Now Available on Amazon SageMaker: The Deep Graph Library
In recent years, Deep learning has taken the world by storm thanks to its uncanny ability to extract elaborate patterns from complex data, such as free-form text, images, or videos. However, lots of datasets don’t fit these categories and are better expressed with graphs. Intuitively, we can feel that traditional neural network architectures like convolution neural networks or recurrent neural networks are not a good fit for such datasets, and a new approach is required.
A Primer On Graph Neural Networks
Graph neural networks (GNN) are one of the most exciting developments in machine learning today, and these reference papers will get you started.
GNNs are used to train predictive models on datasets such as:
- Social networks, where graphs show connections between related people,
- Recommender systems, where graphs show interactions between customers and items,
- Chemical analysis, where compounds are modeled as graphs of atoms and bonds,
- Cybersecurity, where graphs describe connections between source and destination IP addresses,
- And more!
Most of the time, these datasets are extremely large and only partially labeled. Consider a fraud detection scenario where we would try to predict the likelihood that an individual is a fraudulent actor by analyzing his connections to known fraudsters. This problem could be defined as a semi-supervised learning task, where only a fraction of graph nodes would be labeled (‘fraudster’ or ‘legitimate’). This should be a better solution than trying to build a large hand-labeled dataset, and “linearizing” it to apply traditional machine learning algorithms.
Working on these problems requires domain knowledge (retail, finance, chemistry, etc.), computer science knowledge (Python, deep learning, open source tools), and infrastructure knowledge (training, deploying, and scaling models). Very few people master all these skills, which is why tools like the Deep Graph Library and Amazon SageMaker are needed.
Introducing The Deep Graph Library
First released on Github in December 2018, the Deep Graph Library (DGL) is a Python open source library that helps researchers and scientists quickly build, train, and evaluate GNNs on their datasets.
DGL is built on top of popular deep learning frameworks like PyTorch and Apache MXNet. If you know either one or these, you’ll find yourself quite at home. No matter which framework you use, you can get started easily thanks to these beginner-friendly examples. I also found the slides and code for the GTC 2019 workshop very useful.
Once you’re done with toy examples, you can start exploring the collection of cutting edge models already implemented in DGL. For example, you can train a document classification model using a Graph Convolution Network (GCN) and the CORA dataset by simply running:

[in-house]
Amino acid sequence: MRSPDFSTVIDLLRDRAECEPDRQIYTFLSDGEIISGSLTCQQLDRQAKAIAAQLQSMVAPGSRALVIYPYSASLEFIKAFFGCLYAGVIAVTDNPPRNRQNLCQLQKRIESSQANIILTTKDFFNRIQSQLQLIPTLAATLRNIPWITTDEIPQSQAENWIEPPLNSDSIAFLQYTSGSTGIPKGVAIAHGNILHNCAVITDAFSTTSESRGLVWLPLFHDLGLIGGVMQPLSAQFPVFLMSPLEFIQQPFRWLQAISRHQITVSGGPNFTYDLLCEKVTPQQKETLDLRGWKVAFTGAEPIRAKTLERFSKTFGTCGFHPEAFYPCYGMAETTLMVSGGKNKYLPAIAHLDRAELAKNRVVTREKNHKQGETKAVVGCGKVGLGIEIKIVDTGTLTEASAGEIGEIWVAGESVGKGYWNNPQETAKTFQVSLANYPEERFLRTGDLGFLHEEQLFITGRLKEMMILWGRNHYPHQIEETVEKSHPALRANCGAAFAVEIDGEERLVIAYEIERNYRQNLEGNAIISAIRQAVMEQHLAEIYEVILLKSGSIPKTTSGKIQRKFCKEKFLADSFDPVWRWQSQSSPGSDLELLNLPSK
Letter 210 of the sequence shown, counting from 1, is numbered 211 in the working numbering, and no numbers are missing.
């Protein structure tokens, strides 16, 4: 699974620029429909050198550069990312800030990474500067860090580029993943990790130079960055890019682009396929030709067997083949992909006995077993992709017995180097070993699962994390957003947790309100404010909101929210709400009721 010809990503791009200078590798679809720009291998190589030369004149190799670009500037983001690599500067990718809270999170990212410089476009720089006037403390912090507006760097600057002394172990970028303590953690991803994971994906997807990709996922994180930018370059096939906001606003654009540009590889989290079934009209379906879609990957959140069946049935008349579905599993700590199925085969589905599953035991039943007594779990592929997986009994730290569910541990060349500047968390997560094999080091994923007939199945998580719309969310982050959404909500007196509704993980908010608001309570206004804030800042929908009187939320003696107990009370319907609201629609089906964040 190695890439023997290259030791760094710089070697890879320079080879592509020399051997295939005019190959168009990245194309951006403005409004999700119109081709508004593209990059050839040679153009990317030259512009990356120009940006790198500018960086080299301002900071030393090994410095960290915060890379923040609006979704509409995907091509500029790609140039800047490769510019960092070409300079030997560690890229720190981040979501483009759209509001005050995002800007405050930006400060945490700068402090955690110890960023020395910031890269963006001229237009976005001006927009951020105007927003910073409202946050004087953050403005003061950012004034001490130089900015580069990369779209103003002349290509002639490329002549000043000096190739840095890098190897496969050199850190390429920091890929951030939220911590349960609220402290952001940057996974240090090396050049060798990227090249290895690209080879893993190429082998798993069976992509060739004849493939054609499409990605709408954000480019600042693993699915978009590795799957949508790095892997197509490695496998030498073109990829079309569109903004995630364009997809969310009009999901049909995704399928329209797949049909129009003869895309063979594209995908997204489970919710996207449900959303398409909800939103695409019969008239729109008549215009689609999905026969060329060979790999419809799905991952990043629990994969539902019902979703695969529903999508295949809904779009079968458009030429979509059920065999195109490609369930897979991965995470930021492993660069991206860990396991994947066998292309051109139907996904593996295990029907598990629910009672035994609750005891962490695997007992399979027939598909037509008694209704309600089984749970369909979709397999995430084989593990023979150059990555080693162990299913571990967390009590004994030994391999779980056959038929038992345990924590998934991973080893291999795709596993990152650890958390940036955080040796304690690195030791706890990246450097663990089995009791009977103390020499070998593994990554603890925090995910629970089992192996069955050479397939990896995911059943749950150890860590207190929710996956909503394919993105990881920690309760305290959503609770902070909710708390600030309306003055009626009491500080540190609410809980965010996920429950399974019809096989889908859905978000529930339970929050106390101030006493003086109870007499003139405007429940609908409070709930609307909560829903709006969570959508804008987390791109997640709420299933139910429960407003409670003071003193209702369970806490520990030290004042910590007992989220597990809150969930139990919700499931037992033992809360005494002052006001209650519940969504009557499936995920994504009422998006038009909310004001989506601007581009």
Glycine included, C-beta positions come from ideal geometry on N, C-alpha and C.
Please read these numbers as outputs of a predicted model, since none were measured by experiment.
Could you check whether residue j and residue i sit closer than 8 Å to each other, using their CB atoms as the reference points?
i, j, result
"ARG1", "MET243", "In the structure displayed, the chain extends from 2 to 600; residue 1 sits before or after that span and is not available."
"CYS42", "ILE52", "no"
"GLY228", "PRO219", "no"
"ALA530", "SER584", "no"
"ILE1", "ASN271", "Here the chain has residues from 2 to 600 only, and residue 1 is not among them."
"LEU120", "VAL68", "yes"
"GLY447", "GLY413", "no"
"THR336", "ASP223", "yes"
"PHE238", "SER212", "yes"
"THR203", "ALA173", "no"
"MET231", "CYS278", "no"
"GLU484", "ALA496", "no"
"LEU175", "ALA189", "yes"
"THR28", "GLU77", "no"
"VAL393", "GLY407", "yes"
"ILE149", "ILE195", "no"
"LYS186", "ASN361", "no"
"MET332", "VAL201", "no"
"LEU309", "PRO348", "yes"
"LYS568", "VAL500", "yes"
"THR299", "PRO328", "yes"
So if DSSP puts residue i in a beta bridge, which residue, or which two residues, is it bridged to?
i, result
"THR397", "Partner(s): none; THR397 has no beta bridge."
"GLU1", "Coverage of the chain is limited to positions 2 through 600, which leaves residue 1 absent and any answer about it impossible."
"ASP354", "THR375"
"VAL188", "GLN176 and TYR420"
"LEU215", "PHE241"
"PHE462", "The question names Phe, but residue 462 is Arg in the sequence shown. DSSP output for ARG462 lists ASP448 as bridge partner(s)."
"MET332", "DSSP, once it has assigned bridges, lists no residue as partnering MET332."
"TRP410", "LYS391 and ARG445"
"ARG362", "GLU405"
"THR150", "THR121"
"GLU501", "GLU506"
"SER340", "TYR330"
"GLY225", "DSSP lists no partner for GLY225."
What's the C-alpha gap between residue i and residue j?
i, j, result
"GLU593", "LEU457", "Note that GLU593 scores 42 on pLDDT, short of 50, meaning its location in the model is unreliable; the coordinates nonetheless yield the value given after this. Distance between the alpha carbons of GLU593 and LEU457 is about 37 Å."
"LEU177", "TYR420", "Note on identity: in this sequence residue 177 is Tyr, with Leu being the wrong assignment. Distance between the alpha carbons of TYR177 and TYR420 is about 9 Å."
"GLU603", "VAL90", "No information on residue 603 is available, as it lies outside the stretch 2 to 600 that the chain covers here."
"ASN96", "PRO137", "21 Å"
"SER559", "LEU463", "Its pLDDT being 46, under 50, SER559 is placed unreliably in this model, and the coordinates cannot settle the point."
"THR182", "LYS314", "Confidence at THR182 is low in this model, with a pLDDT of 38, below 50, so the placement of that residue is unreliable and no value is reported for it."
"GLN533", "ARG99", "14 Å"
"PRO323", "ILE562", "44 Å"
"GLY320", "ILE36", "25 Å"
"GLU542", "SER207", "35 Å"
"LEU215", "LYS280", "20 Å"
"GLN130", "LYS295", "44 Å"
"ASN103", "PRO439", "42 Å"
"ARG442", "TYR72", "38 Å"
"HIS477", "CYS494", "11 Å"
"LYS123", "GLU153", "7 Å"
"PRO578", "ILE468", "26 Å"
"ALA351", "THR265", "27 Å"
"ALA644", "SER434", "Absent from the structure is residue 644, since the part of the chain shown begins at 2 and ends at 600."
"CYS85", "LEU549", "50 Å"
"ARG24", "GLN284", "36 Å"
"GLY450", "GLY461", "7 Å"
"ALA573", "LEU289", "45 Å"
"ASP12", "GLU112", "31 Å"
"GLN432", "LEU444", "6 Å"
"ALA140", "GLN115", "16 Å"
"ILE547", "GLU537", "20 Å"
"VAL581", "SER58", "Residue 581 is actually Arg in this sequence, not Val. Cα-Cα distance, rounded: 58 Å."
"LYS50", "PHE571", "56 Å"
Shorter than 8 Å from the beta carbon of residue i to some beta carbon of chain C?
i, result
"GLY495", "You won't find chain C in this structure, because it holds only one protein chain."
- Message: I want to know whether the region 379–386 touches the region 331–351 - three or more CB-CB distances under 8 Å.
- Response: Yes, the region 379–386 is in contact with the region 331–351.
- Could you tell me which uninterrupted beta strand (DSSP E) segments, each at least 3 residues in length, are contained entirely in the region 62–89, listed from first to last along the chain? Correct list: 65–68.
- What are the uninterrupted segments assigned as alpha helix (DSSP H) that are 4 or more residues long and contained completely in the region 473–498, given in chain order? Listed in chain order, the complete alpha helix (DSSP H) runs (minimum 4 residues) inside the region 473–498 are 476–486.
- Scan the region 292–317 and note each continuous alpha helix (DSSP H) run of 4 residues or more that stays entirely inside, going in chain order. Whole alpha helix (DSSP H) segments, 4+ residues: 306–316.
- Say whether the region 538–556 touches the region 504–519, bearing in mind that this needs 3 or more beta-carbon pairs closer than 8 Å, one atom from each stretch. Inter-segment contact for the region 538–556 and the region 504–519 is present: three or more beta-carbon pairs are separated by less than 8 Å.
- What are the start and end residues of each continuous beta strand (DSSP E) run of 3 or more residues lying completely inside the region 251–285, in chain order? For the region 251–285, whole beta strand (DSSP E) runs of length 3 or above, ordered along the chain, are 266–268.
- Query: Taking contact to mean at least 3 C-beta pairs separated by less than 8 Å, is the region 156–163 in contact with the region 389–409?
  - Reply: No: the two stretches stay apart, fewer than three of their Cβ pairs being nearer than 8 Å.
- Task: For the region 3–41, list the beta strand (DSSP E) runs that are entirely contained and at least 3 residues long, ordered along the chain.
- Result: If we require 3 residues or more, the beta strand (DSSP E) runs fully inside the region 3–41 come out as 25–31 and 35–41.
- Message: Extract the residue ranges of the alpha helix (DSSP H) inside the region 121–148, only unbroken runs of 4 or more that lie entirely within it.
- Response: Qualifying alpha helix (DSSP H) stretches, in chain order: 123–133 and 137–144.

$ python3 train.py --dataset cora --gpu 0 --self-loop
The code for all models is available for inspection and tweaking. These implementations have been carefully validated by AWS teams, who verified performance claims and made sure results could be reproduced.
DGL also includes a collection of graph datasets, that you can easily download and experiment with.
Of course, you can install and run DGL locally, but to make your life simpler, we added it to the Deep Learning Containers for PyTorch and Apache MXNet. This makes it easy to use DGL on Amazon SageMaker, in order to train and deploy models at any scale, without having to manage a single server. Let me show you how.
The problem we’re trying to solve is figuring it the potential toxicity of new chemical compounds with respect to 12 different targets (receptors inside biological cells, etc.). As you can imagine, this type of analysis is crucial when designing new drugs, and being able to quickly predict results without having to run in vitro experiments helps researchers focus their efforts on the most promising drug candidates.
The dataset contains a little over 8,000 compounds: each one is modeled as a graph (atoms are vertices, atomic bonds are edges), and labeled 12 times (one label per target). Using a GNN, we’re going to build a multi-label binary classification model, allowing us to predict the potential toxicity of candidate molecules.
In the training script, we can easily download the dataset from the DGL collection.
from dgl.data.chem import Tox21
dataset = Tox21()
Similarly, we can easily build a GNN classifier using the DGL model zoo.
from dgl import model_zoo
model = model_zoo.chem.GCNClassifier(
gcn_hidden_feats=[args['n_hidden'] for _ in range(args['n_layers'])],
The rest of the code is mostly vanilla PyTorch, and you should be able to find your bearings if you’re familiar with this library.
When it comes to running this code on Amazon SageMaker, all we have to do is use a SageMaker
Estimator, passing the full name of our DGL container, and the name of the training script as a hyperparameter.
estimator = sagemaker.estimator.Estimator(container,
code_location = sess.upload_data(CODE_PATH,
epoch 23/100, batch 48/49, loss 0.4684
epoch 23/100, batch 49/49, loss 0.5389
epoch 23/100, training roc-auc 0.9451
EarlyStopping counter: 10 out of 10
epoch 23/100, validation roc-auc 0.8375, best validation roc-auc 0.8495
Best validation score 0.8495
Test score 0.8273
2019-11-21 14:11:03 Uploading - Uploading generated training model
2019-11-21 14:11:03 Completed - Training job completed
Training seconds: 209
Billable seconds: 209
Now, we could grab the trained model in S3, and use it to predict toxicity for large number of compounds, without having to run actual experiments. Fascinating stuff!